The following patient variables were analyzed: age (years), body mass index (BMI), number of pregnancies (pregnancy), and classification of the American Society of Anesthesiologists (ASA) and comorbidities; and with regard to surgery, the type of surgery (including breast augmentation, prosthesis placement after Nuss surgery, and prosthesis replacement), surgical and anesthetic times (minutes), type of anesthesia, plane for prosthesis placement, complications, length of hospitalization after surgery (minutes), and detailing of breast prostheses used (size and profile).

Statistical analysis was performed using SPSS (Statistical Package for the Social Sciences) version 19.0. Continuous variables were presented as mean and standard deviation, and categories as absolute number and percentage. The Student t test was used for comparison of means. A significance level (alpha) of 5% was adopted.

Regarding the ethical aspect of the work, we strictly followed the principles of the Declaration of Helsinki revised in 2000. The patients signed informed consent forms, allowing the use of their medical records and the publication of their images.


RESULTS

During the study period, we treated eight patients with clinical diagnosis of pectus excavatum. Their demographic characteristics are presented in table 1. The mean age was 30.1 ± 6.6 years (range, 24-40 years). All the patients had a BMI within the normal range, ranging from 19.8 to 23.4 kg/m2. Most (six, 75%) of the samples were nulliparous. Two patients had two sons. Regarding the American Society of Anesthesia classification, seven patients (87.5%) were classified as class I. With respect to comorbidities, one patient (12.5%) had asthma and two (25%) had scoliosis.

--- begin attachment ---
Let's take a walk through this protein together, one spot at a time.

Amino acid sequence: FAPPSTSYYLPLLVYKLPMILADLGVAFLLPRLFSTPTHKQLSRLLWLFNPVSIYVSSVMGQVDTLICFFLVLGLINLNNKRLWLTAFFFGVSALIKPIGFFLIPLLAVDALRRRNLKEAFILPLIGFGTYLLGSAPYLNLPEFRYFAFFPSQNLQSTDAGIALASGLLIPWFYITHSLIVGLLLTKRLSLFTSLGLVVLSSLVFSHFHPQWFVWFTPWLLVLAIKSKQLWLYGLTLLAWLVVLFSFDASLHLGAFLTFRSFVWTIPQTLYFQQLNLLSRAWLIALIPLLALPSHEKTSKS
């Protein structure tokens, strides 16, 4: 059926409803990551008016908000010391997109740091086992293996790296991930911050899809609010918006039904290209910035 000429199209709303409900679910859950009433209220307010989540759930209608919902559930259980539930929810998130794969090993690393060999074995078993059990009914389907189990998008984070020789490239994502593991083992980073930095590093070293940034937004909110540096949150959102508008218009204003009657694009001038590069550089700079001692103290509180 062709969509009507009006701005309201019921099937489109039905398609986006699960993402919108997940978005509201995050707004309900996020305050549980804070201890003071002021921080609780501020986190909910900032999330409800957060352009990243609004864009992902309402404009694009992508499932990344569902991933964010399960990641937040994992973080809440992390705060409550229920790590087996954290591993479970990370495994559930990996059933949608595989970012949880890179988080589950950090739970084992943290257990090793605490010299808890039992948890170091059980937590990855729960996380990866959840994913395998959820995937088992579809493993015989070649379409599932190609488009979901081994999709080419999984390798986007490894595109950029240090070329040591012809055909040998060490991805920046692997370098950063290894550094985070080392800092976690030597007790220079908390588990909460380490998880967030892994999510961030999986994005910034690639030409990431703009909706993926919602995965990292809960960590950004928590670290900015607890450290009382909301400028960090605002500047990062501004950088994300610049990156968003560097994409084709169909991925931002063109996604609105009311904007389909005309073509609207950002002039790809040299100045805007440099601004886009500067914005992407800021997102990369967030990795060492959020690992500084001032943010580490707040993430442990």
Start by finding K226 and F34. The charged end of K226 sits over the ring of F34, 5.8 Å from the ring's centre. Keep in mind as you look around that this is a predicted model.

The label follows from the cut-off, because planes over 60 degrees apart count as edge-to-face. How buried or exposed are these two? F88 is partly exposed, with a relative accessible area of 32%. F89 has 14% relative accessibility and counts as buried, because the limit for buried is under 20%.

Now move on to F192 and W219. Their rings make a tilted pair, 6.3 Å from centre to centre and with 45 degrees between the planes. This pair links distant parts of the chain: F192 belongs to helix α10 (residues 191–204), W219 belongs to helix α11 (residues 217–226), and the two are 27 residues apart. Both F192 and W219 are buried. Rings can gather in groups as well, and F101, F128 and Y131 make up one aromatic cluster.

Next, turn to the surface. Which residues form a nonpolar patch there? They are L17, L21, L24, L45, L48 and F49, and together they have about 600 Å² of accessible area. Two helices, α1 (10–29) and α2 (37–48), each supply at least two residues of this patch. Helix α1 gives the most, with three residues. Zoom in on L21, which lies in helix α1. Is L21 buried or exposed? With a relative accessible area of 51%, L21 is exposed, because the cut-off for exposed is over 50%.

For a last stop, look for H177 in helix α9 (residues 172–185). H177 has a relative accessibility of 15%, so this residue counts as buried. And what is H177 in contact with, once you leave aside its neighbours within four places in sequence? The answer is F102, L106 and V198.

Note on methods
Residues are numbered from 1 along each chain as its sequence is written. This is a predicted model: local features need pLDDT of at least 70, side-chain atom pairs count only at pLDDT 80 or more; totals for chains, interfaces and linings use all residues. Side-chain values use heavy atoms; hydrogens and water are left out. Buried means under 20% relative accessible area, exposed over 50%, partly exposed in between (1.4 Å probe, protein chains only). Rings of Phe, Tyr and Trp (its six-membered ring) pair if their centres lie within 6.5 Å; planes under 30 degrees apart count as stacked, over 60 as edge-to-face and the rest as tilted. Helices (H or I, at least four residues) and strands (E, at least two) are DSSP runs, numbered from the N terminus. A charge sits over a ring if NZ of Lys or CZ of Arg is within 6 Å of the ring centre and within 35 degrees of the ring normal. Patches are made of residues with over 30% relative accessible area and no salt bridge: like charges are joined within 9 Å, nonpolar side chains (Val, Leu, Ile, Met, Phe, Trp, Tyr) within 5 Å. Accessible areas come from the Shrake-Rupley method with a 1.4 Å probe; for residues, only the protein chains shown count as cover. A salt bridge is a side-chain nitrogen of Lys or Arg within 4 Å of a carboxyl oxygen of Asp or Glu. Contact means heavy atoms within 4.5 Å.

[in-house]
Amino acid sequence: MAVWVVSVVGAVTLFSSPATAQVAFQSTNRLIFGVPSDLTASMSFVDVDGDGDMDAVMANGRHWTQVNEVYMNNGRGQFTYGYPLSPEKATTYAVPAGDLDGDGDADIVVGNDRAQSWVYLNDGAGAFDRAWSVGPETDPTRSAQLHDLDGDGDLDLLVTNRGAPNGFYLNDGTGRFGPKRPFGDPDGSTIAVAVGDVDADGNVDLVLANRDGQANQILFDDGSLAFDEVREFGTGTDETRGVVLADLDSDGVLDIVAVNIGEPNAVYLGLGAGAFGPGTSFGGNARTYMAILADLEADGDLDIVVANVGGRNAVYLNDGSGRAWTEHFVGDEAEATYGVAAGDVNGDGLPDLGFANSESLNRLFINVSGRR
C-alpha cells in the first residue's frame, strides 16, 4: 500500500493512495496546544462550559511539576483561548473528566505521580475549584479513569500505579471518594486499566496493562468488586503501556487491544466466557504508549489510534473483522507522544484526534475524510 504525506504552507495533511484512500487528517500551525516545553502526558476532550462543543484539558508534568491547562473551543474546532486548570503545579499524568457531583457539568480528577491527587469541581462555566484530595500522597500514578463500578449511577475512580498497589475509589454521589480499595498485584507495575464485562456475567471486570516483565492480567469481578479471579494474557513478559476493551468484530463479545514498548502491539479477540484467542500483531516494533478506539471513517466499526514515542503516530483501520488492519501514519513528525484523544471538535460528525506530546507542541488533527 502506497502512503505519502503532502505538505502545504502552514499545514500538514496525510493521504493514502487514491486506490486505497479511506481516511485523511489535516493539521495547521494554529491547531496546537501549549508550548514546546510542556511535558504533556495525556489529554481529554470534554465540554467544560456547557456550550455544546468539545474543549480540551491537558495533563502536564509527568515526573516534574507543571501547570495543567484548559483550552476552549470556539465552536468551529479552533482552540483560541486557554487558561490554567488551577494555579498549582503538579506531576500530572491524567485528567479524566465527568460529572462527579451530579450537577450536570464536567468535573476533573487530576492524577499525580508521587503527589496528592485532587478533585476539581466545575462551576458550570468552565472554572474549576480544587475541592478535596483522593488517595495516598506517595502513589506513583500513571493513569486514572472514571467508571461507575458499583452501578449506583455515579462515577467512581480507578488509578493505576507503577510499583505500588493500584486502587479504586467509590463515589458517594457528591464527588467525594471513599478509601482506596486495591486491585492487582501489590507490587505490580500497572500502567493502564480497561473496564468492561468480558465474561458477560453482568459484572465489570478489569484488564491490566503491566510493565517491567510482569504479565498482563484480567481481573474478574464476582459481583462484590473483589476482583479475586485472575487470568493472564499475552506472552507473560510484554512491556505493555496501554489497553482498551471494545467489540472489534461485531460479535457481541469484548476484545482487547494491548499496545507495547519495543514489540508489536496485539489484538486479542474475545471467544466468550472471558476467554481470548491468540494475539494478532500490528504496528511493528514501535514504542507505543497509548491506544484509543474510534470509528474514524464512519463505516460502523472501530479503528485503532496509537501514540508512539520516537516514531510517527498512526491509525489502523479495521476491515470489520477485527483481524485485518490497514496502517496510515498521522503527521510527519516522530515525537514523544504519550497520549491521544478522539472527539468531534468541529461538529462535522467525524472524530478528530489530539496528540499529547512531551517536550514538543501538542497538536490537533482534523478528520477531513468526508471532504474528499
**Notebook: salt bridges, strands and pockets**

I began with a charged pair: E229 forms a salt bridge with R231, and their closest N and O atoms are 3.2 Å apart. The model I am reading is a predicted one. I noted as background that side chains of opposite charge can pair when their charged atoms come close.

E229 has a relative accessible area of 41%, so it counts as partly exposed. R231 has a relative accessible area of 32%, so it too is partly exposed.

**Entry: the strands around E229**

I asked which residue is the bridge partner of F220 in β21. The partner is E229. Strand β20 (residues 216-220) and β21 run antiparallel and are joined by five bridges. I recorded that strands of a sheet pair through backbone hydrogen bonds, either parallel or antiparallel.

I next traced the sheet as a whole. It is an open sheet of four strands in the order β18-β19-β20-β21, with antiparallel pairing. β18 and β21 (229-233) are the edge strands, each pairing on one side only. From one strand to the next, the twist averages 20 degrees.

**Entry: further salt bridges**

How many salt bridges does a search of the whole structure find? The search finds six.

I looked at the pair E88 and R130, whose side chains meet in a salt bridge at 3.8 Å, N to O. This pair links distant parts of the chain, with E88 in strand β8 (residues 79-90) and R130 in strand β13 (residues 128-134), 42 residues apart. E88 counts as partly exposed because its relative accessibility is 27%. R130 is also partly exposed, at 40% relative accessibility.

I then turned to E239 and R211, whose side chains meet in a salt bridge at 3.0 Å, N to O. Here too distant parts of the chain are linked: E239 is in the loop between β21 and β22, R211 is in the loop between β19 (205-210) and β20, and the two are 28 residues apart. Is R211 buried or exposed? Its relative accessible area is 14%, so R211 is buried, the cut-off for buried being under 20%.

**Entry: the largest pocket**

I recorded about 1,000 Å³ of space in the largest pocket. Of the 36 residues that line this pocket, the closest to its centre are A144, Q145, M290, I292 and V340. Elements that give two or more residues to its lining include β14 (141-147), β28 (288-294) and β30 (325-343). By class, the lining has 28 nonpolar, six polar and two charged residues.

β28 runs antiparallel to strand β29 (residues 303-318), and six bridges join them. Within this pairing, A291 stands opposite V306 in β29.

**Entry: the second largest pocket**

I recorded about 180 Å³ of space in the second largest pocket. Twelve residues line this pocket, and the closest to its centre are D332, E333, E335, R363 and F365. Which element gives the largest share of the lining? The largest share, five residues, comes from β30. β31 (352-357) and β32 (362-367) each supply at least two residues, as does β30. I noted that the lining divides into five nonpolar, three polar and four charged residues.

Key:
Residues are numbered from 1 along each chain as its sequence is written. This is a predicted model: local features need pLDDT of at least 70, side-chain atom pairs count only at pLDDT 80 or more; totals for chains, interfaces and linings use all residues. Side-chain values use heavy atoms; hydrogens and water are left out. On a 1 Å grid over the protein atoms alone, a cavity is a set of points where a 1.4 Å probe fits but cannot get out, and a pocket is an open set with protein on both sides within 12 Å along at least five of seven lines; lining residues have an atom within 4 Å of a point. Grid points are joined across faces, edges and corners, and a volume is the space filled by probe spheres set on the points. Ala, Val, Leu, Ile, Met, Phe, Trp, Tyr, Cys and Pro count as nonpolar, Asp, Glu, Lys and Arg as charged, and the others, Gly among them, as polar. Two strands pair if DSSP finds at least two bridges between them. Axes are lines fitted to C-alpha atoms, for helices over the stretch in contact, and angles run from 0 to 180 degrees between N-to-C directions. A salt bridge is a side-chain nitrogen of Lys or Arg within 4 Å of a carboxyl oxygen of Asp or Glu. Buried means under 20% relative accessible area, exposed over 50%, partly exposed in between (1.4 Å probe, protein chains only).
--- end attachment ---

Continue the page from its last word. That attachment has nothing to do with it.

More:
The characteristics of the procedures followed are presented in table 2. Six cases (75%) had breast prosthesis placement. One patient (12.5%) had a prosthesis 15 years ago, which was replaced by a new implant with greater volume in the same plane. One patient had undergone surgical correction of the pectus (Nuss) 10 years before seeking consultation for a complaint of hypomastia and asymmetry.




The mean length of time from induction, until the patient woke up, was 107.5 ± 20.6 minutes (range, 90-130 minutes). The longest procedure occurred when prostheses were placed in the submuscular plane in a patient who already underwent Nuss surgery. The anesthesia preferred was general anesthesia in five (62.5%) of the patients.

In almost all the cases (seven, 87.5%), the prostheses were placed in the subglandular plane. Only one patient (12.5%) presented with seroma as a complication. The mean (±SD) hospitalization time after surgery was 183.7 ± 49.5 minutes, and none of the patients was admitted more than 4 hours at the hospital.

Table 3 describes the volumetric data of each prosthesis. We can observe larger volumes, even if not statistically significant, to the right, where it is more common to present with chest depression. We observed a greater preponderance for ultra-high prostheses. Figure 1 shows an image of a patient diagnosed as having pectus excavatum who underwent augmentation mammoplasty for correction of the defect. The images are composed of preoperative, transoperative, and postoperative photographs.




Figure 1. A patient with pectus excavatum who underwent augmentation mastoplasty. A and B: Preoperative frontal and oblique views; D and E: Postoperative frontal and oblique views; C and F: Transoperative lower view with a unilateral 240-cc prosthesis to the right, complementing that in F with a 215-cc prosthesis. Both had a super high profile in the subglandular plane.



Figure 2 shows the image of a patient who underwent surgical correction of the pectus (Nuss) 10 years before and had a complaint of hypomastia and asymmetry in the consultation. Breast augmentation in the retromuscular plane was used to correct the defect. Figure 3 shows the image of a patient with pectus excavatum and significant breast asymmetry treated with prostheses with a large volume difference (375 cc super high on the right and 125 cc high on the left) to mitigate the difference.